The patent application process explained
The patent application process consists of several stages. It usually takes at least a few years to progress through every stage. The later stages are the most expensive so most people try to delay them for as long as possible.
In the time before you file a patent application, make sure you keep your invention secret. This is really important. If you don’t keep it secret, you may ruin your chance of getting a valid patent. An experienced patent attorney can tell you more about what you can and can’t do at this stage.
Once you’re ready to prepare a patent application, you need to know which aspects of your invention can be patented. An experienced patent attorney can help with this.
A provisional patent application is a common way to start the process. The provisional describes the principles of your invention and explains it using examples. It’s important to choose the wording very carefully because the provisional is the “foundational document”, and forms the basis for everything that follows. The provisional is not to place to save money as problems in the provisional are amplified many times further along, obliterating any upfront savings.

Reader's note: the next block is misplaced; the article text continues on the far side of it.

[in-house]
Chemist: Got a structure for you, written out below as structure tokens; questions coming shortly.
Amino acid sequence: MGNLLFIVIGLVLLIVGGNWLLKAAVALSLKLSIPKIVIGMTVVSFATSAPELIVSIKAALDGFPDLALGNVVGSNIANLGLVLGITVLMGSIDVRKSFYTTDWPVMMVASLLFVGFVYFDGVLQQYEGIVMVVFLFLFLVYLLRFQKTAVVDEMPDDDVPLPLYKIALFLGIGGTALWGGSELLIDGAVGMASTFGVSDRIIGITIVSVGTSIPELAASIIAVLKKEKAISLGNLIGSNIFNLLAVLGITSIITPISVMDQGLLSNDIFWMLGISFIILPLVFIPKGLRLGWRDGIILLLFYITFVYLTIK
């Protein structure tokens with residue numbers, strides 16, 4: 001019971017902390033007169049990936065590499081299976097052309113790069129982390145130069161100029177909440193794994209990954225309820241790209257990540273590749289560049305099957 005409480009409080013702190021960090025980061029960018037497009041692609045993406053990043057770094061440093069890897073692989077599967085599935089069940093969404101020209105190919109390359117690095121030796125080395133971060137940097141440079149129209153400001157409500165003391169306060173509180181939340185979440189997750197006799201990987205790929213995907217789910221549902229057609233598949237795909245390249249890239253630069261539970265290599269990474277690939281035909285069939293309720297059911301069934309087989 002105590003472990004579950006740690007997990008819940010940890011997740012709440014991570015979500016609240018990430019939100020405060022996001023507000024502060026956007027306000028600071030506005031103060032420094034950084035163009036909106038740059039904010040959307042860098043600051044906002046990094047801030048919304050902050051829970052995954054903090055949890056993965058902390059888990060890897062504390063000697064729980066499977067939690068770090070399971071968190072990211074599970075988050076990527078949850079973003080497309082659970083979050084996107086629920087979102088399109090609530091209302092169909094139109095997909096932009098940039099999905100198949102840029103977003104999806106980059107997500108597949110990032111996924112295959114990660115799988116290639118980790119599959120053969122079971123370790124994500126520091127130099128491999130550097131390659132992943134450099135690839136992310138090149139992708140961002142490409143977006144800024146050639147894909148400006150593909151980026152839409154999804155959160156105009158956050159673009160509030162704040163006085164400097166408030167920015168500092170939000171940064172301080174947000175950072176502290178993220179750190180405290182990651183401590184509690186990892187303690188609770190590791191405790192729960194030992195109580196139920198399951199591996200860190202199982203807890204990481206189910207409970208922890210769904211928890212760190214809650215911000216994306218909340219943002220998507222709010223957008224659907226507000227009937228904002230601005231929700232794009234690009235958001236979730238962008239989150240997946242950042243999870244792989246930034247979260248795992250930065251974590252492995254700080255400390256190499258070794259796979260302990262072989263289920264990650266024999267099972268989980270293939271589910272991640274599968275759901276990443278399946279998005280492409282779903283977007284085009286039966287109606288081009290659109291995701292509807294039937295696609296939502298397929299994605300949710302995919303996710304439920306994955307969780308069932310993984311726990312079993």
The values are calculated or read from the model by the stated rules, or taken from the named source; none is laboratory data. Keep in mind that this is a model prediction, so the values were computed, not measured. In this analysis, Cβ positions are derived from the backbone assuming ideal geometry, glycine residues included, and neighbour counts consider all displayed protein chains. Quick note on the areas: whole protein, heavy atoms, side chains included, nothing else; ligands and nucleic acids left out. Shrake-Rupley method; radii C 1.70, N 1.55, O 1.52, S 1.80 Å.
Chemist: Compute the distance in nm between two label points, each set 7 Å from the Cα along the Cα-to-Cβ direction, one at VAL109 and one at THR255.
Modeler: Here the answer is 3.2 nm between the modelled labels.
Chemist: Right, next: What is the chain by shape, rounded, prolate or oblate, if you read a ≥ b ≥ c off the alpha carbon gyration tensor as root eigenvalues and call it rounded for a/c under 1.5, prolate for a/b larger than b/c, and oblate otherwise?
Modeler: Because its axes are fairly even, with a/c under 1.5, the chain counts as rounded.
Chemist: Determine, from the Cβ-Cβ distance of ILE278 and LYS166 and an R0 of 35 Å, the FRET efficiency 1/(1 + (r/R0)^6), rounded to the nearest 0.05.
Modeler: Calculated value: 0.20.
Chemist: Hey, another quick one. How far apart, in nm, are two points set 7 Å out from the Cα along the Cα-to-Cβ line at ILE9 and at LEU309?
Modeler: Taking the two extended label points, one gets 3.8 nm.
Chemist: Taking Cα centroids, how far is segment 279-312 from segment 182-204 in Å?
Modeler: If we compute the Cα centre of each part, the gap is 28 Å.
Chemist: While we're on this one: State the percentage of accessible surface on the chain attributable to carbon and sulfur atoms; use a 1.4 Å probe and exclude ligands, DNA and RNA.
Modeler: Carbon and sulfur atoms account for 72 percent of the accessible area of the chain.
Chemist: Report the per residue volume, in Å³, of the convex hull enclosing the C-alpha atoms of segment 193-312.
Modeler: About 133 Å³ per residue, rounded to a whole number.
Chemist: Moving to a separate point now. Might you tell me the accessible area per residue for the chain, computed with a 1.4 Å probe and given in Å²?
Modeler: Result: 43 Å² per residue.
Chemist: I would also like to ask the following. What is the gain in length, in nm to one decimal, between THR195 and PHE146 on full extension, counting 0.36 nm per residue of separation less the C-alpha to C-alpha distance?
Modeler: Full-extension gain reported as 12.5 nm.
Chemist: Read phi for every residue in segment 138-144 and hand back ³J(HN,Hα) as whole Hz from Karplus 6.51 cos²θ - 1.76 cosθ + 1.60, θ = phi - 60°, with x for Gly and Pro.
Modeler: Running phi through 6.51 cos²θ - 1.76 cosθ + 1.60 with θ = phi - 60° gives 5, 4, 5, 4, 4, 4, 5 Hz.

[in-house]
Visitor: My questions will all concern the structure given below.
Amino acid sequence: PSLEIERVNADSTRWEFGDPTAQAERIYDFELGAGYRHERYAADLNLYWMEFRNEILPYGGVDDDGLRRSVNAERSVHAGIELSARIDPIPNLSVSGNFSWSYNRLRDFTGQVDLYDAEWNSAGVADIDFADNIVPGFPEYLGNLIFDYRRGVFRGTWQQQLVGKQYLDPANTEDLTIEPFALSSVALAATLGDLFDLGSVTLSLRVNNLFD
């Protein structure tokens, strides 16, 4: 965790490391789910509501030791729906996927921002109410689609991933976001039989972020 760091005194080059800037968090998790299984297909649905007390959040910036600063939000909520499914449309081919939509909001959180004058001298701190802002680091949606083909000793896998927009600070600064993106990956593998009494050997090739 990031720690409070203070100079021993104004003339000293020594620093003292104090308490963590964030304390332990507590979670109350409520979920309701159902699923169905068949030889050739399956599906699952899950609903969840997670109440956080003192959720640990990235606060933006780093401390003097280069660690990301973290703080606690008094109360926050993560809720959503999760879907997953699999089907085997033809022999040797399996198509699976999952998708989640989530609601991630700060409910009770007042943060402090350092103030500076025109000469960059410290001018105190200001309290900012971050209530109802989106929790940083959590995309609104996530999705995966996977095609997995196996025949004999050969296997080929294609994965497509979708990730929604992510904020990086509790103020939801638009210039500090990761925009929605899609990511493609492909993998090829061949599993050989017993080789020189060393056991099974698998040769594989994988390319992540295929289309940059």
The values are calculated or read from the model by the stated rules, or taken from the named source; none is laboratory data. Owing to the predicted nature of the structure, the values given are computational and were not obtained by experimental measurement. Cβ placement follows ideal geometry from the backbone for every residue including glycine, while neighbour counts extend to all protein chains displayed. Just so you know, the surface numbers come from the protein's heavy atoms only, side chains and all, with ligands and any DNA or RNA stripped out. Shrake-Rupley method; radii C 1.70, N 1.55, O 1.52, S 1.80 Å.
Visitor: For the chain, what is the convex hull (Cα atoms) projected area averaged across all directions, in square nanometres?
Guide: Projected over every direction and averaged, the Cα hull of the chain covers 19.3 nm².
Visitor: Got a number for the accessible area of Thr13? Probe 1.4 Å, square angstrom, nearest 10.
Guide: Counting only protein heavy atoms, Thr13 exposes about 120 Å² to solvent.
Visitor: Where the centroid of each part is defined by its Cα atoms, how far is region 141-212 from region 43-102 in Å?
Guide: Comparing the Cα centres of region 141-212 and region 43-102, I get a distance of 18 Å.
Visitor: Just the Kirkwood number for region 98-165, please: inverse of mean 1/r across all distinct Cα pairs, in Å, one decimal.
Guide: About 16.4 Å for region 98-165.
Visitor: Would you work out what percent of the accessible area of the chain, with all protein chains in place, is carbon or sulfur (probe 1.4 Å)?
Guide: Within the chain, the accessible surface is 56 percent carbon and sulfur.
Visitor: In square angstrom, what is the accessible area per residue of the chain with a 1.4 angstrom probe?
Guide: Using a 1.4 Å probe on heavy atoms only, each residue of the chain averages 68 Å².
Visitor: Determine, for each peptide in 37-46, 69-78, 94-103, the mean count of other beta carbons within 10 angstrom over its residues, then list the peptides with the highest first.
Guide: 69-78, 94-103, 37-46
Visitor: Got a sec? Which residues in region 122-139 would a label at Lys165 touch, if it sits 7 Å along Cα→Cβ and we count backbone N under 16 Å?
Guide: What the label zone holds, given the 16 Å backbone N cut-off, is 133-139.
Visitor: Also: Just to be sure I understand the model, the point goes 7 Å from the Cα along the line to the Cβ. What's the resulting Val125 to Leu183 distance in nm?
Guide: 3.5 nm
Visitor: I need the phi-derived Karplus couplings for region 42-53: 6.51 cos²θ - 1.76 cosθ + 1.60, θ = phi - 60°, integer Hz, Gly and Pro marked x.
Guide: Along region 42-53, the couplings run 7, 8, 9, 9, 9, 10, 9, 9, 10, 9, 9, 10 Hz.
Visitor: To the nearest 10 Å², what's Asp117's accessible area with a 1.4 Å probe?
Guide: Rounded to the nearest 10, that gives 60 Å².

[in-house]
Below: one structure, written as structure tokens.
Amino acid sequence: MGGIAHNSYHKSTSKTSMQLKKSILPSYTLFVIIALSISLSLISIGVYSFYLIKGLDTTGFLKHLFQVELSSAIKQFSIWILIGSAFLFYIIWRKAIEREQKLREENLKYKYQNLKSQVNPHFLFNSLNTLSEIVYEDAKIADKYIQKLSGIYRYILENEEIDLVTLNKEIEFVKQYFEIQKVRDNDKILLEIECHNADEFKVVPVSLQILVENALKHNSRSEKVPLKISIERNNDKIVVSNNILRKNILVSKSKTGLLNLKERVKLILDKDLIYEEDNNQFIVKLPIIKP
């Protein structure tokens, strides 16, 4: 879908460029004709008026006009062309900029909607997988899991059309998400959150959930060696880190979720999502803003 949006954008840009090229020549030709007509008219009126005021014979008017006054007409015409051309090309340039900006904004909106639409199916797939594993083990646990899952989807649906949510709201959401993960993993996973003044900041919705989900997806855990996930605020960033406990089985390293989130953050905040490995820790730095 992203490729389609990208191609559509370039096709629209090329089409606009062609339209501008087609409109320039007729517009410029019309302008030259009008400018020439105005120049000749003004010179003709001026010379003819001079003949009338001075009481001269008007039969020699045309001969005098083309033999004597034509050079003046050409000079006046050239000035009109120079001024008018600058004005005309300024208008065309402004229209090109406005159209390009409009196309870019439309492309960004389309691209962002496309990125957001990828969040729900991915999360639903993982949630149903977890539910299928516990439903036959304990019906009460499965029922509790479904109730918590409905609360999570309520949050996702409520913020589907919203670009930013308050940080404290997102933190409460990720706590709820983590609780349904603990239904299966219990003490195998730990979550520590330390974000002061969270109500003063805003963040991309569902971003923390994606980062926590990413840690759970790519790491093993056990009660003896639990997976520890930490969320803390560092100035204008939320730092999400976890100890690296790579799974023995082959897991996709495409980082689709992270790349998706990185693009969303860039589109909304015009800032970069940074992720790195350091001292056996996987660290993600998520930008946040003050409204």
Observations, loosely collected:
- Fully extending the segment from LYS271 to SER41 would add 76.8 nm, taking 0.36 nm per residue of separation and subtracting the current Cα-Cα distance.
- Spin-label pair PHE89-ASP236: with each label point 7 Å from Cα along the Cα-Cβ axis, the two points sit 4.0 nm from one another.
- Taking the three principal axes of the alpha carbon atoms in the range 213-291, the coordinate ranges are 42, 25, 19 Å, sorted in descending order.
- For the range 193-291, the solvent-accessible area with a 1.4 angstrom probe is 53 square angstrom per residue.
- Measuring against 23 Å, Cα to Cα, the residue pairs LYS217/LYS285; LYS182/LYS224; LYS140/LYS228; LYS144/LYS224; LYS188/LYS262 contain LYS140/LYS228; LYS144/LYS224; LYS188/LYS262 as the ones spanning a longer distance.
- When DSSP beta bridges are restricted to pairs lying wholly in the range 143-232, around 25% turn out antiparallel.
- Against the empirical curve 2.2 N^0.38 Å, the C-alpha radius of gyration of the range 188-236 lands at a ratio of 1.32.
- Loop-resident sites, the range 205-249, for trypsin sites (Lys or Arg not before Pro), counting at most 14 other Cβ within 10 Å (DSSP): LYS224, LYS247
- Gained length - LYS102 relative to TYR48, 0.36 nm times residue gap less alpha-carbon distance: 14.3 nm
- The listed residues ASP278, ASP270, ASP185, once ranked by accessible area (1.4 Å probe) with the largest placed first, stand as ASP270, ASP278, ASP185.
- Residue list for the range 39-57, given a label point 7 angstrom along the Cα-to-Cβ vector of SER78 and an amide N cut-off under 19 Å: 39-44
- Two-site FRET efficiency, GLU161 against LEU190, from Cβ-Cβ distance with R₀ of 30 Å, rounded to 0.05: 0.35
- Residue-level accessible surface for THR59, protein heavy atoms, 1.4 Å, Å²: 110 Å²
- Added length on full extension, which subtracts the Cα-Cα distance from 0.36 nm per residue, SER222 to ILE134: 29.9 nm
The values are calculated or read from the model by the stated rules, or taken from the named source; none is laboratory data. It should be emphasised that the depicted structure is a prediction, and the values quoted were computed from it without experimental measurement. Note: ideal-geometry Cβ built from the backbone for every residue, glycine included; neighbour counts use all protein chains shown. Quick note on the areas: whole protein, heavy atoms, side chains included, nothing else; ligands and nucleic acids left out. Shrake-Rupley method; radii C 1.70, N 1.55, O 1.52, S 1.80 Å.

The provisional lasts one year, but this is not the end of the process. Before the year is up, you’ll need to start the next stage. If you want to protect your invention overseas, most people do this by filing a “PCT” application. The main benefit of the PCT is that it delays the patenting process by 18 months.
The next stage is the most expensive part of the process. This is where you need to file “national” patent applications. For example, if you need patents for Australia, Europe and the US, each of those areas requires a separate national application. The deadline for doing this is two and a half years from the date the provisional was filed.
The laws for national patents are different in each area, but your patent attorney can explain the differences. Unfortunately, there’s no such thing as a “world” patent just yet.
Each national application will eventually be examined by a different patent examiner. The examiner checks that the invention is new, inventive and complies with other rules. They often raise objections that can seem overwhelming. Patent attorneys are used to this and can usually find the right arguments and concessions to satisfy the examiner.
At the end of the process, each national application will lead to a separate patent being granted. Standard patents last for 20 years.